A culinary guide to an authentic Greek Easter

Dying eggs red is a staple of Greek Easter

Greece is known the world over for its cuisine which effortlessly combines Mediterranean ingredients with an Oriental spice palette. However, no matter how well-versed you may be in Greek cuisine, there are a few traditional dishes that you can only experience around Easter. Regardless of religious denomination, these dishes have superseded their origins and cemented their place to Greek traditions and are nowadays considered inexorably tied to the country's culture as expressed through food. Let us embark together on a culinary journey to the Easter delicacies of Greece! 

Dying red eggs

If you could only pick one food that will immediately bring Easter into every Greek's mind, it is the red eggs. Traditionally dyed on Maundy Thursday and served in the coming days, the purpose of the red eggs is shrouded in somewhat of a mystery, as conflicting reasons for their symbolism range from the jovial and life-affirming to the macabre. However, one thing is certain; if there is one tradition that is present in every Easter Sunday meal, it is the tsougrisma. It wouldn't be an exaggeration to claim that tsougrisma has developed into something like a friendly sport among Greeks during Easter. The goal is to use your egg to break your opponent's and of course celebrate by eating the spoils afterwards! If you are ever to prepare these at home, we recommend avoiding the store-bought dyes and doing it the traditional way; by boiling the eggs with red onion peels for a more rustic feel.


Baking Koulouria

Every Greek has childhood memories of waking up to the smell of Paschalina Koulouria baking in the oven in preparation for the Holy Week festivities. These bites of sweet deliciousness will be the treat for every guest that visits your home in the following weeks and they are ideal to accompany a cup of coffee. Although there are many different ways to make them, the more traditional ones include a hint of Masticha -a quintessentially Greek ingredient- and honey. Nowadays you may find them in different shapes, but the original koulouria where shaped into braids, because it was believed to ward off evil spirits. These superstitions may have departed from the zeitgeist of Greek society, but the koulouria are thankfully here to stay!


Baking Tsoureki

If you have ever visited Greece and explored its cuisine, you may have noticed that Greeks have an unusual love for bread. Sure, it is one of the most common foods eaten worldwide, but the sheer number of types of bread that can be found in Greece, boggles the mind. Consequently, Easter in Greece also has its own type of sweet bread in the form of tsoureki. This type of bread is said to have originated in the Kingdom of Armenia and made its way through the Middle East, to the Greek cuisine in subsequent centuries. The main ingredient of a traditional tsoureki, mahlepi, betrays its origins as this spice is extracted from the seeds of a species of cherry endemic to the region of Mesopotamia. The Easter version is braided in shape (for the same reason as the koulouria) and is decorated with eggs dyed red.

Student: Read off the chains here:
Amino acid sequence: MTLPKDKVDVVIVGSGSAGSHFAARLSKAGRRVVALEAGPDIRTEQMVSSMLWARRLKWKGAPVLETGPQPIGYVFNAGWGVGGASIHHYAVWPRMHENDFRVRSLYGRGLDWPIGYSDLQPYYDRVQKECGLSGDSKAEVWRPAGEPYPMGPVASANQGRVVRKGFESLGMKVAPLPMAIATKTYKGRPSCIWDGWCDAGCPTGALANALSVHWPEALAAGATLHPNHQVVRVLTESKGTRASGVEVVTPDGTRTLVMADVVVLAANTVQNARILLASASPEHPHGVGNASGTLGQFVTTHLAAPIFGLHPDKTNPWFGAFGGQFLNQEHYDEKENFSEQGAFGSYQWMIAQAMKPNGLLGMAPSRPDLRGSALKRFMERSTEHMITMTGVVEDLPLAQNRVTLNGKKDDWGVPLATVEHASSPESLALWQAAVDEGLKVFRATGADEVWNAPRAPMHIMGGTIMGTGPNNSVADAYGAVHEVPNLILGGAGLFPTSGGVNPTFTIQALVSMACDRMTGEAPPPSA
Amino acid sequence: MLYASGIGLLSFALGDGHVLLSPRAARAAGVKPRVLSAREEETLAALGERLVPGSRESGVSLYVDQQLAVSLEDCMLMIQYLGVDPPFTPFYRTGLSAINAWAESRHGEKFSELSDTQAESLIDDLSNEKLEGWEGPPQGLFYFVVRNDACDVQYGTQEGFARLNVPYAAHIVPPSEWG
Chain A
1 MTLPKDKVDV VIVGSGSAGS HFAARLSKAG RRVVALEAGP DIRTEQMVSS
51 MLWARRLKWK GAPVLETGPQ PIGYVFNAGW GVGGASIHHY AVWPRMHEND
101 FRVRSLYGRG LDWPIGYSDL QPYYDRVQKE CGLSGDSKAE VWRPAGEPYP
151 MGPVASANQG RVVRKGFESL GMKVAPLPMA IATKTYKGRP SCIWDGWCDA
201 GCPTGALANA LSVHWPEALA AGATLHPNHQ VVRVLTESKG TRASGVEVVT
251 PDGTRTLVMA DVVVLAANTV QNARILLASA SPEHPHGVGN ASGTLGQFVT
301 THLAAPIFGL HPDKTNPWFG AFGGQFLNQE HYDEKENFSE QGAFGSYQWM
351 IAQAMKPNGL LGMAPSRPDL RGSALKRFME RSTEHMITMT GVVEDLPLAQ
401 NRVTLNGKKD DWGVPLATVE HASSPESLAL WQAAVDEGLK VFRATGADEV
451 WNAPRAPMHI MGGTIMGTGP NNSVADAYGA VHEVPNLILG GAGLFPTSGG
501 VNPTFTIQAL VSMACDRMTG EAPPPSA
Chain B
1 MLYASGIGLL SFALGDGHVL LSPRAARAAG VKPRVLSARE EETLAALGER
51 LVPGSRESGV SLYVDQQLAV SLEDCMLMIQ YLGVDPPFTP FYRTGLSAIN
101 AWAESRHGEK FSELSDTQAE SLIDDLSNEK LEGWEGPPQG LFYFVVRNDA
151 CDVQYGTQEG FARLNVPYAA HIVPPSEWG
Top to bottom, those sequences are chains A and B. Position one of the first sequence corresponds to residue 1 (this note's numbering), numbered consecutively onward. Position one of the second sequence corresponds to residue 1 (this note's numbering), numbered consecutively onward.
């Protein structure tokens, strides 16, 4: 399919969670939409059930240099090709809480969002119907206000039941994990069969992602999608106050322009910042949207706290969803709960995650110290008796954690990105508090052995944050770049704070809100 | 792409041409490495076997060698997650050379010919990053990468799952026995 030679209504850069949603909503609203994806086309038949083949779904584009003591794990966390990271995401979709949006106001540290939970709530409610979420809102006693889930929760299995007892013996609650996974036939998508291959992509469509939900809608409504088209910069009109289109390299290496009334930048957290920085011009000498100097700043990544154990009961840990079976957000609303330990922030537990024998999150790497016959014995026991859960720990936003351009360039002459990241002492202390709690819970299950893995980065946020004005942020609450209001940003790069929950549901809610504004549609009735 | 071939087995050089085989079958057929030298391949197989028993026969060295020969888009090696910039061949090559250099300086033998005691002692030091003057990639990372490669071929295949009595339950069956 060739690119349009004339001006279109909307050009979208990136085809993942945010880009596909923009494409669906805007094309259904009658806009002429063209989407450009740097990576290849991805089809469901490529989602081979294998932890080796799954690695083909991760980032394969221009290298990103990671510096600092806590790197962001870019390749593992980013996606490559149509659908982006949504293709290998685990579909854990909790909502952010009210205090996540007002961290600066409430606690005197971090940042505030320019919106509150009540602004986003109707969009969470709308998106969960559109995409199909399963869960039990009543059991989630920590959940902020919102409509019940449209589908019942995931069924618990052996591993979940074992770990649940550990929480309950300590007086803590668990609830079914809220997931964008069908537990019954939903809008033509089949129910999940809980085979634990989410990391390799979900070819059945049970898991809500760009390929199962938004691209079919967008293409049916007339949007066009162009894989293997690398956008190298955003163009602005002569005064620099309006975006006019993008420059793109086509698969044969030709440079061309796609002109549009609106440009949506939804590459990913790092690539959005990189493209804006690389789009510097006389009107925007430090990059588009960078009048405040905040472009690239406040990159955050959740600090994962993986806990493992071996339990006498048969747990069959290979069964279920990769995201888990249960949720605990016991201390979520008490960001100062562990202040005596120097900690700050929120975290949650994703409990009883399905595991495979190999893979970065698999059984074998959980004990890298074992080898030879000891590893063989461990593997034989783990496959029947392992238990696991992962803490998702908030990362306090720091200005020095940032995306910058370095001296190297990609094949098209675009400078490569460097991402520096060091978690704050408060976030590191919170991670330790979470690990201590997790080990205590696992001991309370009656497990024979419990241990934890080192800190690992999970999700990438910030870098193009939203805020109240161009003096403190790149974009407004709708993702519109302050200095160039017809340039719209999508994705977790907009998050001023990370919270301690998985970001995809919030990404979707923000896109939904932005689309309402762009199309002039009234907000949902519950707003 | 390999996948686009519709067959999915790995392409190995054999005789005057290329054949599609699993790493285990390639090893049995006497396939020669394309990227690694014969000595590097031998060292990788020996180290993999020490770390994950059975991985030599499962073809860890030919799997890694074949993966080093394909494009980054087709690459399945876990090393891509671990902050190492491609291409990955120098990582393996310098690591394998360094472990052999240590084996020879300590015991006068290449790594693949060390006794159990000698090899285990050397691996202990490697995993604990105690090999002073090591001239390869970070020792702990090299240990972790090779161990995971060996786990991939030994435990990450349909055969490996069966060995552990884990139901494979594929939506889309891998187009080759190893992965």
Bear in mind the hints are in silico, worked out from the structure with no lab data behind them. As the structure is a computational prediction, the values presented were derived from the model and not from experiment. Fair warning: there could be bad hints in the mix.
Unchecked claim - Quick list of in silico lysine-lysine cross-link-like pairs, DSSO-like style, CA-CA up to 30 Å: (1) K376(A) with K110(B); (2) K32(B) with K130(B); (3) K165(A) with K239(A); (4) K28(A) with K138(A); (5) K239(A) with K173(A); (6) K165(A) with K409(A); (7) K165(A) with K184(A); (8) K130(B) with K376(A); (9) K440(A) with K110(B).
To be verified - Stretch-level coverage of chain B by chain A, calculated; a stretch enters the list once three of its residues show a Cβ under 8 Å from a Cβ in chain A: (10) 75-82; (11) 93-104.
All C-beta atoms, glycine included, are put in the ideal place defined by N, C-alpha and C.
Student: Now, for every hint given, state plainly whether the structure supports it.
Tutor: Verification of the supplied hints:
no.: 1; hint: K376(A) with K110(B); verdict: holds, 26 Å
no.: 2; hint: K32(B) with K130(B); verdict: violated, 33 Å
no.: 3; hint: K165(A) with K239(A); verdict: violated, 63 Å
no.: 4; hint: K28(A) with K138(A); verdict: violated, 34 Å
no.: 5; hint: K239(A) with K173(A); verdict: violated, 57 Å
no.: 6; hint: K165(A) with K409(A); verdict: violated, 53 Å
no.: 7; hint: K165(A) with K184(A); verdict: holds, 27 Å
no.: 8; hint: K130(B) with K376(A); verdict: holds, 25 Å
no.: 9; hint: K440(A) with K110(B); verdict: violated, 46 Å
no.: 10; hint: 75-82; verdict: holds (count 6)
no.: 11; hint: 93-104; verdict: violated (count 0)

Preparing Mageiritsa

We know what you are going to going to say but hear us out first! Admittedly mageiritsa is somewhat of an acquired taste, as a stew made of intestines rarely sounds appealing. However, if you give it a chance, mageiritsa might win you over and become your favorite Easter delicacy! This meal is only served during Holy Saturday and the history behind the establishment of mageiritsa as a staple of Greek Easter cuisine is both practical and brilliant. Historically, what preceded the Holy Week for believers was a long period of lent, during which a person's diet would be restricted to a handful of food groups. Mageiritsa is not only a way to utilize lamb scraps that will not make their way into the Easter Sunday lunch, but more importantly acts as a way to prepare your system for the grilled meat of the following day. Think of the highly nutritious mageiritsa as the perfect intermediate for transitioning from an austere diet to a hearty meal in the smoothest way possible. It suddenly doesn't sound too bad, right?


Lamb in souvla

...and here we are! The main course of the Easter celebrations! The feast to end all feasts! The lamb in souvla! In every corner of Greece you would be hard-pressed to find a different meal on Easter Sunday -if you were inexplicably inclined to do so in the first place. Although lamb is an important and frequently used part of Greek cuisine, the reason for its prevalence on Easter Sunday is tied to the Hebrew Passover. The Greek twist of preparing it in souvla (a large metal skewer) comes from the shepherds of Central Greece during the Ottoman occupation. Stranded in the mountains for long periods of time with their flock, the shepherds needed an innovative way of preparing a meal using the abundance of lambs they possessed, without the comforts of a kitchen. The results were subsequently tied to the Greek War of Independence and have permeated the Greek customs ever since!


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